17) What is the difference between SUBSTITUTE and REPLACE?
Both functions are used to replace part of the text in a string. The main difference is that REPLACE is based on the position of the text you want to replace, while SUBSTITUTE is based on the content of the text and is case-sensitive.
For example, you would use SUBSTITUTE to replace a given string located anywhere in your worksheet. REPLACE, on the other hand, can be used to replace strings located in specific positions, such as to redact the digits in a bank account number with ****.
18) How does the IF function work?
The IF function checks to see whether a given statement is true or false. For example, it can determine whether a sum is greater or lesser than x, and show the result.
19) What are the WEEKDAY and WORKDAY functions used for?
The WEEKDAY function displays a number from 1-7 based on the day of the week for a given date. For example, it would return 01/01/2020 as a 4 for Wednesday.
The default setting is to count from 1, starting on Sunday, but this can be customized to suit your counting scheme.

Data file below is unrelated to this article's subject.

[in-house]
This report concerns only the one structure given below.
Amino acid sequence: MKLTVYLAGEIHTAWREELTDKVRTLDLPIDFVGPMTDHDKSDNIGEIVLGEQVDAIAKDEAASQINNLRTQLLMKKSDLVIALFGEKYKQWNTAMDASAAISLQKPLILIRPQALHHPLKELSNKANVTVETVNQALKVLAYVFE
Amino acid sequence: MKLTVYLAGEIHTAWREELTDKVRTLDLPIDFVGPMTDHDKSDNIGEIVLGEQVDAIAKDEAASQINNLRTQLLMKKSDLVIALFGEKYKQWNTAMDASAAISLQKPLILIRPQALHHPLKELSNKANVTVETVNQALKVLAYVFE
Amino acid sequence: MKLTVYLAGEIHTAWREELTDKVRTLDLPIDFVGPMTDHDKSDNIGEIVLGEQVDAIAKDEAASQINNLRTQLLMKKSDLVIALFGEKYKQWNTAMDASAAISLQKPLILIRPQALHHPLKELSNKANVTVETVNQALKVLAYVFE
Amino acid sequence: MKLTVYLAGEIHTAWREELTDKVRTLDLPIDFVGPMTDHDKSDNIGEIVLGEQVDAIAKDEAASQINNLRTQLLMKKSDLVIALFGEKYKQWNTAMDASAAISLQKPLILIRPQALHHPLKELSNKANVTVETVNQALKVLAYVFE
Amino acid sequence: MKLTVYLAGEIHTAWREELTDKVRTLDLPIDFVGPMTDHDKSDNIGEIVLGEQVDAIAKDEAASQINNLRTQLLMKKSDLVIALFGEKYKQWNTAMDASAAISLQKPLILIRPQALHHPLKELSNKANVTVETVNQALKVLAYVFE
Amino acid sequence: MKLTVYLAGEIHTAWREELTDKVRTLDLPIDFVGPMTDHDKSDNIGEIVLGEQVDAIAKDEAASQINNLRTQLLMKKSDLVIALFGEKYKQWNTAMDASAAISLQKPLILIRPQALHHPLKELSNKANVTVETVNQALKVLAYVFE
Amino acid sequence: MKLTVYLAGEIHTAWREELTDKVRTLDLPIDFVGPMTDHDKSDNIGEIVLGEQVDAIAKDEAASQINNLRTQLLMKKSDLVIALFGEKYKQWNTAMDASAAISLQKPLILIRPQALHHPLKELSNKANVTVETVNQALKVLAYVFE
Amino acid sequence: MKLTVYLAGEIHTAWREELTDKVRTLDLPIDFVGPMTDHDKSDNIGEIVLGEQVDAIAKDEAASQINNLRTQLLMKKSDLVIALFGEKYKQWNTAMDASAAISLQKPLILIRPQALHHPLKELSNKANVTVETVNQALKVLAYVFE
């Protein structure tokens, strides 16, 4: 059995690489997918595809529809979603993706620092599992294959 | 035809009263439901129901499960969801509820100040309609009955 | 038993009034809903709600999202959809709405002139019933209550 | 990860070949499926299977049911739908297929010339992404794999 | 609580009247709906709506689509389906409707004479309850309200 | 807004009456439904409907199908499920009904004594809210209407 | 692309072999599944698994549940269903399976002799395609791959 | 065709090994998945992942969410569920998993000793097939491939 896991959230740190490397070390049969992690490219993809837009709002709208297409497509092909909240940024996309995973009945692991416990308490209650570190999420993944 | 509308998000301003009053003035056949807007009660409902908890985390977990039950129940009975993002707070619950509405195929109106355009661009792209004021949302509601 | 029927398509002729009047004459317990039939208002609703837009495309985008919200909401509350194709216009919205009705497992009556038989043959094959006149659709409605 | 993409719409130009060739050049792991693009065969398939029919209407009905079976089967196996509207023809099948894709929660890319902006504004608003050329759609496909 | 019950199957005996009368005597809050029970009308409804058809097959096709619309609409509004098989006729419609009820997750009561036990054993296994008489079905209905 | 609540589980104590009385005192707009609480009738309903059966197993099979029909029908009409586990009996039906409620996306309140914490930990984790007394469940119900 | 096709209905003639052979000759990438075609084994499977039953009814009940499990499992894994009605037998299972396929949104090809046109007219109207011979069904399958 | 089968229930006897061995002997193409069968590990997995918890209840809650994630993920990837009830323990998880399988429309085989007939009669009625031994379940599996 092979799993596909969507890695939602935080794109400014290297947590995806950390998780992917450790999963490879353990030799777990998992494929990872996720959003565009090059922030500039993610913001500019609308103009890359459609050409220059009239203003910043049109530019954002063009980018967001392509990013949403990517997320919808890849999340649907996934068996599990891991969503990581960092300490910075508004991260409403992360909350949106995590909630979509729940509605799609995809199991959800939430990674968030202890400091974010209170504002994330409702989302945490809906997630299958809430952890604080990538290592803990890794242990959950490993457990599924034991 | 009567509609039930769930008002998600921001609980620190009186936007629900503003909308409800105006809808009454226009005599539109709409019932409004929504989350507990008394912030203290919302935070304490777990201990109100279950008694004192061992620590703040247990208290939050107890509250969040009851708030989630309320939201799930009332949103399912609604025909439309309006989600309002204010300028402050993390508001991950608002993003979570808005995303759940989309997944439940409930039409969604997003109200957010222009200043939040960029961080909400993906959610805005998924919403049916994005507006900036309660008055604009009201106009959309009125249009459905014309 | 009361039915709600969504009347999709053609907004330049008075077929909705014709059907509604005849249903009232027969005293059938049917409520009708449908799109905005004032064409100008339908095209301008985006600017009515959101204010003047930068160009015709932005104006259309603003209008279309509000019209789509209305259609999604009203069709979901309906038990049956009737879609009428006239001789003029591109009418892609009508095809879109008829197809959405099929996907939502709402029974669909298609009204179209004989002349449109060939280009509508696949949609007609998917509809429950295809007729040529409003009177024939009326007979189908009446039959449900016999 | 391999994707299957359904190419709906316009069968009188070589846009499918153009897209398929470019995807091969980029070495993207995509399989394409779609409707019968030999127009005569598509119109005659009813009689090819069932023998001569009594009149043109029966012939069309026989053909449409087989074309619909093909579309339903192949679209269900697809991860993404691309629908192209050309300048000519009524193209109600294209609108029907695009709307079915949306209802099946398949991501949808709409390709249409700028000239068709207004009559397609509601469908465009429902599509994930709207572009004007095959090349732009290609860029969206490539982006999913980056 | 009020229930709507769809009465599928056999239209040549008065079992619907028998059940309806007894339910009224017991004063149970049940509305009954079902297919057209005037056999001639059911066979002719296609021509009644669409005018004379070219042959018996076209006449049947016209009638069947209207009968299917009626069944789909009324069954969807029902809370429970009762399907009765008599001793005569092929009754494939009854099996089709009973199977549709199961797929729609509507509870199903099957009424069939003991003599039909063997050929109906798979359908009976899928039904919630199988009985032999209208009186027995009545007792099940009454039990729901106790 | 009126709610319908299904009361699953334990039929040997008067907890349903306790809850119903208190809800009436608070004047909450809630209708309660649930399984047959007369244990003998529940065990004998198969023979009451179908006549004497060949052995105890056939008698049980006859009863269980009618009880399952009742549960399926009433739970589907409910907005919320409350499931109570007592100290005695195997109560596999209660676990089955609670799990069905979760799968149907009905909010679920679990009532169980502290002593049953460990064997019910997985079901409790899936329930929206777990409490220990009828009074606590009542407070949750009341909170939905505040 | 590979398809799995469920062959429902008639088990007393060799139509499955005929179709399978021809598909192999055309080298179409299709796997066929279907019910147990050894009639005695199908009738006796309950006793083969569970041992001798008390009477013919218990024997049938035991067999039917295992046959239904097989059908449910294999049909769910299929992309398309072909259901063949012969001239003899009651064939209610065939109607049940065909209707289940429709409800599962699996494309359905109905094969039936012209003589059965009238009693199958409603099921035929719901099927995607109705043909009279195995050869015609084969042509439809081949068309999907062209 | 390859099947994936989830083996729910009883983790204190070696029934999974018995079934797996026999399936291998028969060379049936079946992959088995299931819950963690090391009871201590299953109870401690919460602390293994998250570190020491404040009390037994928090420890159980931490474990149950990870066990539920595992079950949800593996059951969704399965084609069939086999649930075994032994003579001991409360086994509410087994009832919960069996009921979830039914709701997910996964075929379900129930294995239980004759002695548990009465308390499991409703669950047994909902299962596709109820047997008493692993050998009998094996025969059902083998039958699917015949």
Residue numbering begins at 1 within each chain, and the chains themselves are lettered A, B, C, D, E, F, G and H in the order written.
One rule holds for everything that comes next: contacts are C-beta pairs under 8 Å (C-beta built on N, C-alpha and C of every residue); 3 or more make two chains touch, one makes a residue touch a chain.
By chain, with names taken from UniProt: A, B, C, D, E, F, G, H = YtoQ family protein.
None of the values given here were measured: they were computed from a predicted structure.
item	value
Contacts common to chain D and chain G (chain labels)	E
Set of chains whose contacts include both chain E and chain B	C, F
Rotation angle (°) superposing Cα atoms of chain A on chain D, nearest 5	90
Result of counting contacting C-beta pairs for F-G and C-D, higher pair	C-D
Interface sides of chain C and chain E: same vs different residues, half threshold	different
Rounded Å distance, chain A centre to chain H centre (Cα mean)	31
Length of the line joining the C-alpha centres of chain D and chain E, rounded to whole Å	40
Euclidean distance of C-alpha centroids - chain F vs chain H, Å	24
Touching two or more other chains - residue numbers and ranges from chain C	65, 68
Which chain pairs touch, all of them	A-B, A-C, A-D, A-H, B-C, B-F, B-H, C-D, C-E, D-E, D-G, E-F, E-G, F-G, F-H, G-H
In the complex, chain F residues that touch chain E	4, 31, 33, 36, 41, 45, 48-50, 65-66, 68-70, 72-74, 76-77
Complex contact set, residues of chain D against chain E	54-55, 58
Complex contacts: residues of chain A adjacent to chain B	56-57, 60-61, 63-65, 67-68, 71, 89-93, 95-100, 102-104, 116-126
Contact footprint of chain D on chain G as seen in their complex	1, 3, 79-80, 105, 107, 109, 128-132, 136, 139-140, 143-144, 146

The WORKDAY function can be used to count the number of workdays from a start date, excluding weekends and holidays.
20) What is an Excel macro?
A macro is a piece of programming code that can be used to automate actions that you do repeatedly. You can record a macro using the Record Macro tool in the Developer tab. Simply perform the tasks that you want to record, then run back the macro.
Use the Visual Basic Editor to make changes to the code. You can direct Excel when to run the macro automatically, such as every time you open a workbook.
21) What are some of the chart types you can use in Excel?
Excel offers standard charts, such as pie charts, line charts, and column charts. It also has more complex charts such as XY (scatter) charts and map charts.